Innovation That Matters

Nonprofit van picks up homeless individuals for paid work


The city of Albuquerque, New Mexico pays the homeless USD 9 per hour to beautify their community.

Springwise has covered a number of social innovations designed to help tackle homelessness. A youth centre offers homeless individuals in London tickets on circular night buses so they can ride safely through the night. In the US, panhandling — or begging on the street for money — has been banned by 24 percent of cities in the country. In response to this, the city of Albuquerque has come up with an innovative solution.

In partnership with a local nonprofit, St Martin’s Hospitality Centre, the current mayor Richard Berry has launched the There’s a Better Way program, which employs the homeless to work on beautifying the city’s public spaces.


A van is dispatched to drive around the city and pick up homeless people who are interested in a day’s work cleaning the community. Those who accept are paid USD 9 per hour (above the minimum wage) and are offered lunch on top. At the end of the shift, they also have access to shelter for the night if they need it. The van currently employs about 10 people per day but could take on more. When program coordinators found that the van filled up quickly and people were desperate to be taken for work, they increased the frequency of the initiative from two to four days a week.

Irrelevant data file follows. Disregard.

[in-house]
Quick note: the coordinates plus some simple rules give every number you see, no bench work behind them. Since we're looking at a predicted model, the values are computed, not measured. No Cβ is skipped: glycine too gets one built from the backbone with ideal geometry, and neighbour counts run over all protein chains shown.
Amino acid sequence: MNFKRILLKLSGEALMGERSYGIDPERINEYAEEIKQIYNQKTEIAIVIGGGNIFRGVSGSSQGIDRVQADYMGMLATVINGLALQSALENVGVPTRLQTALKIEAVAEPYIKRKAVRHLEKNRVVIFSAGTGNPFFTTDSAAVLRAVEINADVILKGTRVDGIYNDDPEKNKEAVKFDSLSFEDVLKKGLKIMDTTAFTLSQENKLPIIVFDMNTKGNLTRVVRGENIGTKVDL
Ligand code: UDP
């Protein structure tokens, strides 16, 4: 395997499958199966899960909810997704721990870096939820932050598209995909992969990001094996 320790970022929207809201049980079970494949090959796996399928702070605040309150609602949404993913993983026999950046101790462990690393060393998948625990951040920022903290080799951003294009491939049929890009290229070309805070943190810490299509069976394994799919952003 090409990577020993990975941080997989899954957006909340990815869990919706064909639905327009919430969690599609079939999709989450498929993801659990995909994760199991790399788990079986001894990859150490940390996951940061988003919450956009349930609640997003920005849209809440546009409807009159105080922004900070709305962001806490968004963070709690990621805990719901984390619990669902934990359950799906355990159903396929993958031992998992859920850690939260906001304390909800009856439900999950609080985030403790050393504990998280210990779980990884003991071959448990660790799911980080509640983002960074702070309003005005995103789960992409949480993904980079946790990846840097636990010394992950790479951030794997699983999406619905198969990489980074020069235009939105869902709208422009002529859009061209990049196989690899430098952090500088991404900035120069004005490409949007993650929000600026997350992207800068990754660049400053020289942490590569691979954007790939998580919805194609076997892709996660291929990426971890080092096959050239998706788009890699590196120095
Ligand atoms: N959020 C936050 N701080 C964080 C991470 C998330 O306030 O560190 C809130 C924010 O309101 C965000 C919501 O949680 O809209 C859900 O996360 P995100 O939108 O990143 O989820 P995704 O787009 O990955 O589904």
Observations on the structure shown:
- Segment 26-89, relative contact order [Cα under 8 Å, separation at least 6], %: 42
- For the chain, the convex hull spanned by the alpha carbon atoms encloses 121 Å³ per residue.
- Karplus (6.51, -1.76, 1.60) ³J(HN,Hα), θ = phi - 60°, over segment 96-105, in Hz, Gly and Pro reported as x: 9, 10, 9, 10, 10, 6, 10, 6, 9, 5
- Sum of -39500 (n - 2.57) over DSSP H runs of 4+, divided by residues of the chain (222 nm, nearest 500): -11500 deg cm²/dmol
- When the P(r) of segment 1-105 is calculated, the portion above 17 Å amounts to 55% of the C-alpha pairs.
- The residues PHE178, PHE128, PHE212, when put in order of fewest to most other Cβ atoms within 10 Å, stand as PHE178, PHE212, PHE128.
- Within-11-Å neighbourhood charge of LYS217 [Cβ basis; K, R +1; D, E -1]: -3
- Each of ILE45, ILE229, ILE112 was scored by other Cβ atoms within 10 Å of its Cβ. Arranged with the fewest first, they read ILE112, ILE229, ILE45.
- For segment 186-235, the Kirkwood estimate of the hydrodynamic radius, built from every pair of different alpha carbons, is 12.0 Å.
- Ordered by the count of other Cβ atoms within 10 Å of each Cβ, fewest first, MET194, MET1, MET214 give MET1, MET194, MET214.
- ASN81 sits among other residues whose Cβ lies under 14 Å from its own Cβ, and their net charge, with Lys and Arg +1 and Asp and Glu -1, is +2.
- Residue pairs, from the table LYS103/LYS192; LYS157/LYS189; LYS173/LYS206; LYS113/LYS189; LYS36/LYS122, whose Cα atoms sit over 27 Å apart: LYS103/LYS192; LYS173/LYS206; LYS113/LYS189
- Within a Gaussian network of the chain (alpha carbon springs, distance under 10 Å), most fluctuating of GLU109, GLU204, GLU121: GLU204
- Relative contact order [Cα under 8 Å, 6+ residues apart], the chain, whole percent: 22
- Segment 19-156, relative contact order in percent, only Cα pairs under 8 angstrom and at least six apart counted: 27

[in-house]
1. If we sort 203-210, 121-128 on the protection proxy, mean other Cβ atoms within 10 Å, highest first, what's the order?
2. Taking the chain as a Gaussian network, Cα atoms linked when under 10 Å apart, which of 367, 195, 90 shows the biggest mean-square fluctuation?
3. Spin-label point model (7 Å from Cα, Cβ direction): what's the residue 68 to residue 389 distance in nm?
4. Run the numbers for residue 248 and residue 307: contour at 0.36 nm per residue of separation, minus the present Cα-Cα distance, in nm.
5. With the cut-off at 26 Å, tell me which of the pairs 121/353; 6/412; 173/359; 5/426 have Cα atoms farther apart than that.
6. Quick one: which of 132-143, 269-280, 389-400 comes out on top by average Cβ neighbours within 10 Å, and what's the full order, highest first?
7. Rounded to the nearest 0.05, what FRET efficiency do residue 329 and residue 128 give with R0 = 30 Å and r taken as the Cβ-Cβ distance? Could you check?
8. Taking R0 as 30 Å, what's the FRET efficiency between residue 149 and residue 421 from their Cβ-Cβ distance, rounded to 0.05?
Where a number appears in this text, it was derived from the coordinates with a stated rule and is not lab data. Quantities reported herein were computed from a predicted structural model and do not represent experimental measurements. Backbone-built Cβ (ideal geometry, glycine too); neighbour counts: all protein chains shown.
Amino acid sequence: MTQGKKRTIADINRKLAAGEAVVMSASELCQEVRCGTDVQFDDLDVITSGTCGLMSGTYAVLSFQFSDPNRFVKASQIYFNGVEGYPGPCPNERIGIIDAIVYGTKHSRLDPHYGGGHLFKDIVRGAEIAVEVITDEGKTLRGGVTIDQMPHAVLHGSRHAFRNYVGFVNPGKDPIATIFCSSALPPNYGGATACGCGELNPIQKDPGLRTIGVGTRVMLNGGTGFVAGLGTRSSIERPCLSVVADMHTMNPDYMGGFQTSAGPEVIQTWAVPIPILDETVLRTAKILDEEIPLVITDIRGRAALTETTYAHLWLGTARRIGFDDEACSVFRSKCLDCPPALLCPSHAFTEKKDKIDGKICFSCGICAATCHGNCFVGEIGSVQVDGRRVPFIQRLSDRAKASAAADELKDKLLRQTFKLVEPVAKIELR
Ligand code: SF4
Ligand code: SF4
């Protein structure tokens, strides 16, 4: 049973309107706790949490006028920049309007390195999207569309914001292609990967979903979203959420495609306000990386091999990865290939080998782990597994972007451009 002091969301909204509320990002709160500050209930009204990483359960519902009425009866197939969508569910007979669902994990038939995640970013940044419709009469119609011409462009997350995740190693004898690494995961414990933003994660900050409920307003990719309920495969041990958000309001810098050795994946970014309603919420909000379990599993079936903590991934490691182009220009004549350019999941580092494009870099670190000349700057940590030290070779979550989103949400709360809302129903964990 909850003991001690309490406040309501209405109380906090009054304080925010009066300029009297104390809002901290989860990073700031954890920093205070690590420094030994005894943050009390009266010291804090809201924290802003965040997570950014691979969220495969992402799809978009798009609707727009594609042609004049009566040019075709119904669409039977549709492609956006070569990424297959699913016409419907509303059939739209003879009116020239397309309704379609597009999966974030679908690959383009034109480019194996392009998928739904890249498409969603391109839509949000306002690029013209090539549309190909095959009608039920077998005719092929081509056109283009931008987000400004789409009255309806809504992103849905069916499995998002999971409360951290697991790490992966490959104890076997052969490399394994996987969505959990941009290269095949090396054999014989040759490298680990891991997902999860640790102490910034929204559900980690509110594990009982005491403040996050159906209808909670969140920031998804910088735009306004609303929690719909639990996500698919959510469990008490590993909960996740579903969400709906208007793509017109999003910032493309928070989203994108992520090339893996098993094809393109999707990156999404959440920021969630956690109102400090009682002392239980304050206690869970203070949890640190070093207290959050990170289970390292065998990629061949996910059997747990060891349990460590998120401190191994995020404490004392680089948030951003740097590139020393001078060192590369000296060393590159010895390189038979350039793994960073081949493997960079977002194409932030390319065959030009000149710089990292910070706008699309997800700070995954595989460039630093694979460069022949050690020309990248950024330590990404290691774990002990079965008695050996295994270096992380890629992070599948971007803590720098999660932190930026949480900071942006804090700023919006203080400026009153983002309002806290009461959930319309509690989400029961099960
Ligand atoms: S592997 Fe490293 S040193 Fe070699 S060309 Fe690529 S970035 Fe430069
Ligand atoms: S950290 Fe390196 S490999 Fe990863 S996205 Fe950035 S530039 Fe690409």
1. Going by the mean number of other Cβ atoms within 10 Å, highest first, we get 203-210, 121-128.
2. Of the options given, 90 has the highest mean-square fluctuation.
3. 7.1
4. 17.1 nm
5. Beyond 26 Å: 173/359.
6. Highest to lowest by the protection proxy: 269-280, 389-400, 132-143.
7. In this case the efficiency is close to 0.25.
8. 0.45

Next month will be the first anniversary of the program. To date, it has found jobs for 932 individuals. Importantly, the service also helps match the chronic homeless with services that can help them out of their situation. Kellie Tillerson, director of Employment Services at St. Martin’s Hospitality Center said a lot of the people who get picked up by the van aren’t aware of the services available to them. One man who recently got out of prison was able to enroll in the day-labor program, access behavioral health services and start applying for ID.

According to a report in the Washington Post, dozens of cities have reached out to Berry about starting a similar programme themselves. Are there more innovations that can help join up those in need with the services available to them?



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